The ma­jor­ity of SA’s schools do not have sci­ence lab­o­ra­to­ries, leav­ing ta­lented pupils at a dis­ad­van­tage

CityPress - - Business - JON PIEN­AAR busi­ness@city­

Coun­tries that study ba­sic sci­ence en­joy faster eco­nomic growth, says Klaus Jaffe, co­or­di­na­tor of the Cen­tre for Strate­gic Stud­ies at Simón Bolí­var Uni­ver­sity in Venezuela. In his study of World Bank GDP data and sci­en­tific pub­li­ca­tions in poor and mid­dle-in­come coun­tries, Jaffe and his team found that sci­en­tific pro­duc­tiv­ity in ba­sic sci­ence – in­clud­ing physics, chem­istry and ma­te­rial sciences – cor­re­lated strongly with coun­tries’ eco­nomic growth over the fol­low­ing five years.

But in South Africa, sci­ence education is want­ing. The apartheid legacy left the coun­try with an un­equal two-tier school sys­tem.

Re­search by the SA In­sti­tute of Race Re­la­tions’ Thuthukani Nde­bele shows that pri­vate schools and former Model C schools are well funded and well equipped. But town­ship and ru­ral schools – of­ten run on a “no-fee” ba­sis – typ­i­cally do not have money for ex­pen­sive equip­ment.

The vast ma­jor­ity of South African schools have no sci­ence lab­o­ra­to­ries, ac­cord­ing to statis­tics re­leased by the de­part­ment of ba­sic education in 2015. In num­ber terms, 86% of this coun­try’s 23 589 public schools do not have sci­ence labs.

In most ru­ral and town­ship schools, sci­ence – which begs for ex­pe­ri­en­tial learn­ing – is taught from a text­book.

This means that many young pupils don’t get hands-on tu­ition in a sub­ject where learn­ing is far more ef­fec­tive when it is demon­strated. As a re­sult, many young first-year stu­dents who en­ter a uni­ver­sity to study sci­ence have never even been in a lab.

As a so­cial en­tre­pre­neur with a pas­sion for education, Batha­bile Mpofu has come up with a low­cost and ef­fec­tive so­lu­tion to de­liver sci­ence kits to un­der­served schools in South Africa.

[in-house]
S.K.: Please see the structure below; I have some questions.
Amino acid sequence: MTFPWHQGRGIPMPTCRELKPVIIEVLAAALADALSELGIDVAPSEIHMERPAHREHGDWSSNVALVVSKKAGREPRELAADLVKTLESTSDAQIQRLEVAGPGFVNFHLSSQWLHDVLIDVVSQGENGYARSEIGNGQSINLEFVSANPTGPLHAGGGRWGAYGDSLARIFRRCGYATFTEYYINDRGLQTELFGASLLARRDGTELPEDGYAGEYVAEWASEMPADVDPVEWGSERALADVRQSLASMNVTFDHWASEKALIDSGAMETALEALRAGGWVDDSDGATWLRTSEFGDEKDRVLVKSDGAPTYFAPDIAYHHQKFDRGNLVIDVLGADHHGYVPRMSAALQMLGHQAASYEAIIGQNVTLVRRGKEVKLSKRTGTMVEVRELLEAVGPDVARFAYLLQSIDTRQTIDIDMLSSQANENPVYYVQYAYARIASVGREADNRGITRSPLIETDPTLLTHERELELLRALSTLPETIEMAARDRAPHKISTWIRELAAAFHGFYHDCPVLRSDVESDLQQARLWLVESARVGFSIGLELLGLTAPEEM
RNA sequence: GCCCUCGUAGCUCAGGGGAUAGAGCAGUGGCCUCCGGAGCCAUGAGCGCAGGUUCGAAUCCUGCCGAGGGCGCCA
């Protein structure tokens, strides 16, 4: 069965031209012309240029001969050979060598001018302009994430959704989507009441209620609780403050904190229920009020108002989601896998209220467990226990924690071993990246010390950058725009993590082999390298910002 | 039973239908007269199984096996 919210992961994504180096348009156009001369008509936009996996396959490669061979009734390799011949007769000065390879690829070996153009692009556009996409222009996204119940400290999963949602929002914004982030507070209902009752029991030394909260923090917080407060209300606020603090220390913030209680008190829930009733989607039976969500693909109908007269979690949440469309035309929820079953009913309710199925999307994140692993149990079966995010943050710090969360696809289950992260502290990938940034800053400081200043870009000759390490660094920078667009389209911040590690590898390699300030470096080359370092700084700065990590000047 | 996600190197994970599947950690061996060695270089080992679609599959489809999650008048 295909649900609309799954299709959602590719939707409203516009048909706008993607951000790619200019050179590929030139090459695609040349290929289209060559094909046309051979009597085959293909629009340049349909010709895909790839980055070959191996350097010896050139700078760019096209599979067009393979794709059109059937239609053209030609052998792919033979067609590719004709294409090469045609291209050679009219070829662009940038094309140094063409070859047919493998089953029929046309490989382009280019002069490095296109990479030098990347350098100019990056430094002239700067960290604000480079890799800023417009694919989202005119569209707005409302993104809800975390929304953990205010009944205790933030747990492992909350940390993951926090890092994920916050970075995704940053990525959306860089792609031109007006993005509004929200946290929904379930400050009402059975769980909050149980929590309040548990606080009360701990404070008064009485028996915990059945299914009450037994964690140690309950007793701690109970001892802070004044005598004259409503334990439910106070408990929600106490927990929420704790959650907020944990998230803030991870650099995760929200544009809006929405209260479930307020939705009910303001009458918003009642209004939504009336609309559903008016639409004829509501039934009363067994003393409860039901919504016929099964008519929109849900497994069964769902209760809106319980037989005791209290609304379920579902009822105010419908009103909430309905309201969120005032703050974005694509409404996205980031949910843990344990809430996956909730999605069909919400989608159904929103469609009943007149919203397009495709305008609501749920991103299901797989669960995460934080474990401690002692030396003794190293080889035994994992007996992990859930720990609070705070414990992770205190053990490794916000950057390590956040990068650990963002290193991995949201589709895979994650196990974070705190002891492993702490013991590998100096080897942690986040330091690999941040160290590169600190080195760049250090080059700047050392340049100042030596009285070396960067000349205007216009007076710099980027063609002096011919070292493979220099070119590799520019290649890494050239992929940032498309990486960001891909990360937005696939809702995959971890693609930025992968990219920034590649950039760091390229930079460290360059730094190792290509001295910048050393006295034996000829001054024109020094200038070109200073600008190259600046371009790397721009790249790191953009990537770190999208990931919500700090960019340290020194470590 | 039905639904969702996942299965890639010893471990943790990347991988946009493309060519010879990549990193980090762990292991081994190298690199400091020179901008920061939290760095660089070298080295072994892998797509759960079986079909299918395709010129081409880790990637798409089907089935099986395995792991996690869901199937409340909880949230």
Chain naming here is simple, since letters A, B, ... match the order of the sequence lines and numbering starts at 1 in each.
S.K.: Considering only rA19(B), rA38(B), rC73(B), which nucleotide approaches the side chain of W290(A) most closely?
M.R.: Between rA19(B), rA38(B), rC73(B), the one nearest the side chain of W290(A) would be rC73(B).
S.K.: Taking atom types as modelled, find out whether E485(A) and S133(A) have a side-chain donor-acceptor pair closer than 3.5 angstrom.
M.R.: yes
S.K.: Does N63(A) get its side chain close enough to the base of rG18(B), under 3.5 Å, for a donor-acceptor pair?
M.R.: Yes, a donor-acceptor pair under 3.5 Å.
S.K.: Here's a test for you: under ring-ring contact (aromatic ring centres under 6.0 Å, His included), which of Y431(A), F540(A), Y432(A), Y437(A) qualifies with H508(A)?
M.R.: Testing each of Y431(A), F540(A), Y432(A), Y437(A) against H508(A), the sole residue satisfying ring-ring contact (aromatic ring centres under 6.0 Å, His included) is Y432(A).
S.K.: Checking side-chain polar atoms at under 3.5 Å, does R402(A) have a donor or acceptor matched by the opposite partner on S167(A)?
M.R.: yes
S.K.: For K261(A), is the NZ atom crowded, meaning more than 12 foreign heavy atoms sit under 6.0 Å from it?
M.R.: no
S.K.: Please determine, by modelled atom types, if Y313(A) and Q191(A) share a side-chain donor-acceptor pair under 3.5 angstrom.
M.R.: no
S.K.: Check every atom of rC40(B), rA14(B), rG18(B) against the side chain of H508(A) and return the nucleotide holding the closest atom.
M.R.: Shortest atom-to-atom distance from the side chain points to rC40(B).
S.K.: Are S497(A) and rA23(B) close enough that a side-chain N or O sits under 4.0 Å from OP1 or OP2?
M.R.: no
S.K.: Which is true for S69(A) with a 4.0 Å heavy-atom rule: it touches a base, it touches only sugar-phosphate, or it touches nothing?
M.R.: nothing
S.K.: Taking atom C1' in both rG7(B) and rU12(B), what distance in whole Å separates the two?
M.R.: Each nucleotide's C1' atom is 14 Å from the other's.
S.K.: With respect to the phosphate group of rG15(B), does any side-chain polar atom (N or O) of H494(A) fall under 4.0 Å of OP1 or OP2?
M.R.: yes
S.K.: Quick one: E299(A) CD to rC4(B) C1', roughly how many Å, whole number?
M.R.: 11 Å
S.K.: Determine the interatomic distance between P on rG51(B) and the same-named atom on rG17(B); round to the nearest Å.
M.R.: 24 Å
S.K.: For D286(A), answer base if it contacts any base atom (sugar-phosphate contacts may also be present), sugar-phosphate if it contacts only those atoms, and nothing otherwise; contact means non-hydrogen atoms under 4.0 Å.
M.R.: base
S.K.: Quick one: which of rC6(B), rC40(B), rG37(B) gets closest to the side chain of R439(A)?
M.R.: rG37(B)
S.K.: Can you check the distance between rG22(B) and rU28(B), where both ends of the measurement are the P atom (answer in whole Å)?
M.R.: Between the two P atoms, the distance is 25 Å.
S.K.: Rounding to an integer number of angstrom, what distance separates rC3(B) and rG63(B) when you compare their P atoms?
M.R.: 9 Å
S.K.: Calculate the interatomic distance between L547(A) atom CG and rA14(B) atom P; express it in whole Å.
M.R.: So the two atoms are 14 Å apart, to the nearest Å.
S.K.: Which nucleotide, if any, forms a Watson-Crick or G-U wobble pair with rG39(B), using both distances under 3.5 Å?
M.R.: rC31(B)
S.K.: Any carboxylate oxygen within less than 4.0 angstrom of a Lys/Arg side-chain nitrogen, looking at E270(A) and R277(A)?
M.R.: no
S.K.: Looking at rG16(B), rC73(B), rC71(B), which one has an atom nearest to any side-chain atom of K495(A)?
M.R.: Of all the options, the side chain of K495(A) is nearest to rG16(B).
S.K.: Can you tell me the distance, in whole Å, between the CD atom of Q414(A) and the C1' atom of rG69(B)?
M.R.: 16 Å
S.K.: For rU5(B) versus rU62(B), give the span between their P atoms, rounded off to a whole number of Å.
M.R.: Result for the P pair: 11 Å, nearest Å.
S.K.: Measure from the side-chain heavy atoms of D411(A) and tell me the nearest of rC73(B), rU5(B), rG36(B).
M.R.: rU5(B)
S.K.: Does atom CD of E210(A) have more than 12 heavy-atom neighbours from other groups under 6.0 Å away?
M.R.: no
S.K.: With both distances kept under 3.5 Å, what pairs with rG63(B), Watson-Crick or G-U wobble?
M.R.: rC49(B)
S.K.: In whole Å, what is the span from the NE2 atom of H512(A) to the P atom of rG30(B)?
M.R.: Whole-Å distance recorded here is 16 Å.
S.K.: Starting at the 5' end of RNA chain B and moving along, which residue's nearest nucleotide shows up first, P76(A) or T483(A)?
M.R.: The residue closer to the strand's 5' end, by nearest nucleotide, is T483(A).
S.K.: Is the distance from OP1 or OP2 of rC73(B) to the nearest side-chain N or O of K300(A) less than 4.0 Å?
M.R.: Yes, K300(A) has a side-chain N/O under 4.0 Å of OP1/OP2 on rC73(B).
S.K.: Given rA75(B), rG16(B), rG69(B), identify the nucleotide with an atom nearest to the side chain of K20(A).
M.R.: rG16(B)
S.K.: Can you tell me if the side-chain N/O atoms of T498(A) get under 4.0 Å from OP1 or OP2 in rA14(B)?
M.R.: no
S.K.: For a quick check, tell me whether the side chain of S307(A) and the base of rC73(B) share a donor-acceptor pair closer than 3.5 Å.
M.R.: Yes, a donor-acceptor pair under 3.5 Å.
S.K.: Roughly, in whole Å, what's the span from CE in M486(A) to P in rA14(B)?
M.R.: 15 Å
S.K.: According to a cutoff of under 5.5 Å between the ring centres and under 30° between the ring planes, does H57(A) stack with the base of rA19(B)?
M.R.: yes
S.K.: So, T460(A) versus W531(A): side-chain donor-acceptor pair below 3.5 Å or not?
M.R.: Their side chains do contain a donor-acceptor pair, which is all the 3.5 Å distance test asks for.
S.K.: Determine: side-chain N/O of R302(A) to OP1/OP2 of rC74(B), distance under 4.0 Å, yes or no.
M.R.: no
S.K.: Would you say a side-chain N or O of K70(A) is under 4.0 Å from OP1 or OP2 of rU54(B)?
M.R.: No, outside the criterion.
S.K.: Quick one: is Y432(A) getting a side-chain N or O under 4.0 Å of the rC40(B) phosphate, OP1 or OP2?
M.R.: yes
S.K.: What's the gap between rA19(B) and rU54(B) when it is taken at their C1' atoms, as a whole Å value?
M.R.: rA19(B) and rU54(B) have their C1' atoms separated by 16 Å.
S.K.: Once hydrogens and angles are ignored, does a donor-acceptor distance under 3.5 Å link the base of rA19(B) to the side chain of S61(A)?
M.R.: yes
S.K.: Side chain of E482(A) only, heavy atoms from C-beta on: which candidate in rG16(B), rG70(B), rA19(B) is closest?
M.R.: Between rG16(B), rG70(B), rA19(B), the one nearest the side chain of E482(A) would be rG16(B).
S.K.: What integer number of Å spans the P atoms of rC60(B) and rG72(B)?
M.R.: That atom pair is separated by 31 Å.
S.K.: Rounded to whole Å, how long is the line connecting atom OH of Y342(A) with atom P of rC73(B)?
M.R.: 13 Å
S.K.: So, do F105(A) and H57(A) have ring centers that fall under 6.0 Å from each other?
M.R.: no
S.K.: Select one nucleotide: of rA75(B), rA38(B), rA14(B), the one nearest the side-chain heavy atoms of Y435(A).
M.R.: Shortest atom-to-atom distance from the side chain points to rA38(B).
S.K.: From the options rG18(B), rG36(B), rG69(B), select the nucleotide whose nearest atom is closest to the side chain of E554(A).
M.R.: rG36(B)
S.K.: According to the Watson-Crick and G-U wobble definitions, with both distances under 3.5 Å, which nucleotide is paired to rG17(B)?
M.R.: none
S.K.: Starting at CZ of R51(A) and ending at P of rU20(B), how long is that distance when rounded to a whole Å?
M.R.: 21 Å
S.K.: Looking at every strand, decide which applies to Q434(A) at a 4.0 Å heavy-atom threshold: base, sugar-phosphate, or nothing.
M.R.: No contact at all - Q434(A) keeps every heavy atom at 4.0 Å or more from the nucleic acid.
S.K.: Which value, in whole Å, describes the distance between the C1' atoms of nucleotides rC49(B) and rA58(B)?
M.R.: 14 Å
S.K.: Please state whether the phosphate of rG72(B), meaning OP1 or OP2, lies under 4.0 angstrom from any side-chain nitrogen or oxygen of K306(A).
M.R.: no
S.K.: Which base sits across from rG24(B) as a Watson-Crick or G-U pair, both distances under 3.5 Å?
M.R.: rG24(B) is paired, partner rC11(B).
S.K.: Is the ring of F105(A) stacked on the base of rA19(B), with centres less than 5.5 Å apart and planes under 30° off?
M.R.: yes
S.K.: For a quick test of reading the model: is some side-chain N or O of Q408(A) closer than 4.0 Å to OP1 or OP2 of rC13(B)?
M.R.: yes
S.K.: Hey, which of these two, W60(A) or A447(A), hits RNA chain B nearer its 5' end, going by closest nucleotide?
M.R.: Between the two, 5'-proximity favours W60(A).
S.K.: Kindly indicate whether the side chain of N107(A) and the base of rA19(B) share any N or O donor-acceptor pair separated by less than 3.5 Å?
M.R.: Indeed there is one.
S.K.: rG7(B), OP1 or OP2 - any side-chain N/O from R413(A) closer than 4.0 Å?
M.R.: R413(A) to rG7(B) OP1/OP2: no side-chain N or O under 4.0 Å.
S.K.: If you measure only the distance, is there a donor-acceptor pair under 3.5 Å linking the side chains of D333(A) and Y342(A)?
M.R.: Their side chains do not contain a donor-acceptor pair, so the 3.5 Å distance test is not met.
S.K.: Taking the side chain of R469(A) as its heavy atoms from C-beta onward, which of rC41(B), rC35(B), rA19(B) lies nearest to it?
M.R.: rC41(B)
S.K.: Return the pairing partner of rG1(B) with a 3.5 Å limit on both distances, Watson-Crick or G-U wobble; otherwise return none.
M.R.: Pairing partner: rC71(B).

“I re­mem­ber the first time I went into the lab, I thought: ‘What do I need to do here?’ It was quite an in­tense and nerve-rack­ing ex­pe­ri­ence,” says Mpofu.

She is the founder of Nkaz­imulo Ap­plied Sciences, a com­pany that de­vel­ops sci­ence labs in a box for high schools.

Af­ter her ex­pe­ri­ence of be­ing taught sci­ence us­ing only a text­book at school in Mahla­bathini near Ulundi, the Dur­ban-based sci­en­tist-cum-so­cial en­tre­pre­neur de­cided to step into the breach.

While study­ing for a BSc in chem­istry and bi­ol­ogy in 1997, Mpofu dis­cov­ered that she wasn’t the only per­son who didn’t have hands-on sci­ence ex­pe­ri­ence.

“We had prac­ti­cals that started at 2pm and ended at 5.30pm,” she re­calls. “Peo­ple who went to pri­vate or Model C schools were fin­ished with their projects by 3pm. At 4.30pm I, and the other stu­dents like me, were still try­ing to fig­ure out what needed to be done. This re­ally knocks your self-es­teem and you ac­tu­ally start to think you’re stupid, even when you’re not.”

Mpofu grad­u­ated and started work­ing in a com­mer­cial lab­o­ra­tory where she su­per­vised in­terns. She no­ticed that, de­spite grad­u­at­ing from univer­si­ties, the young sci­en­tists had lit­tle ex­pe­ri­ence when it came to ba­sic lab­o­ra­tory tasks.


In 2015, Mpofu and her hus­band de­cided to do some­thing about the sit­u­a­tion.

“We bought chem­i­cals, glass­ware and other equip­ment,” Mpofu says about her first ef­forts to try to get ba­sic lab equip­ment into un­der­served schools in KwaZulu-Natal.

“I’d pre­pare ev­ery­thing, put it in my boot, go to a school, and try to ex­plain ba­sic lab equip­ment and pro­cesses to pupils.”

This pet project was fi­nanced by Mpofu and her hus­band.

Af­ter see­ing what a dif­fer­ence this made in pupils who later stud­ied sci­ence, she knew she had to try to make the project more ef­fec­tive.

“The kids be­came en­thu­si­as­tic about sci­ence, but af­ter I left with the equip­ment, what then? We needed a sus­tain­able so­lu­tion.”

That’s when Mpofu came up with the idea of mak­ing sci­ence kits for schools.

She’d do the demos, but would leave a kit behind so that the pupils could keep learn­ing.

The first ChemS­tart kits were de­vel­oped with the aid of seed funding from the Uni­ver­sity of Cape Town and the SAB Foun­da­tion.

Later, Mpofu ap­plied for funding from LifeCo Un­lim­ited, which en­abled the project to be tested in schools.

Next, she en­tered To­tal’s Star­tup­per of the Year com­pe­ti­tion and won R600 000.

This money gave Mpofu the abil­ity to quit her day job and start pro­duc­ing and mar­ket­ing the kit full time.

The kit comes with all the glass­ware (test tubes, beakers and mea­sur­ing tubes) and chem­i­cals needed for a va­ri­ety of ex­per­i­ments, and there are even


CHANG­ING THE FUTURE MBA stu­dent Batha­bile Mpofu en­cour­ages young pupils not to fear sci­ence, but to rather un­der­stand it. Ear­lier this year, Mpofu beat 24 000 en­trants from all over SA to walk away with R600 000 and top hon­ours in the To­tal Star­tup­per of the Year com­pe­ti­tion. Her prizewin­ning cre­ation, ChemS­tart, is a sci­ence kit that of­fers a fun ex­per­i­ment per week for the whole year for high school pupils

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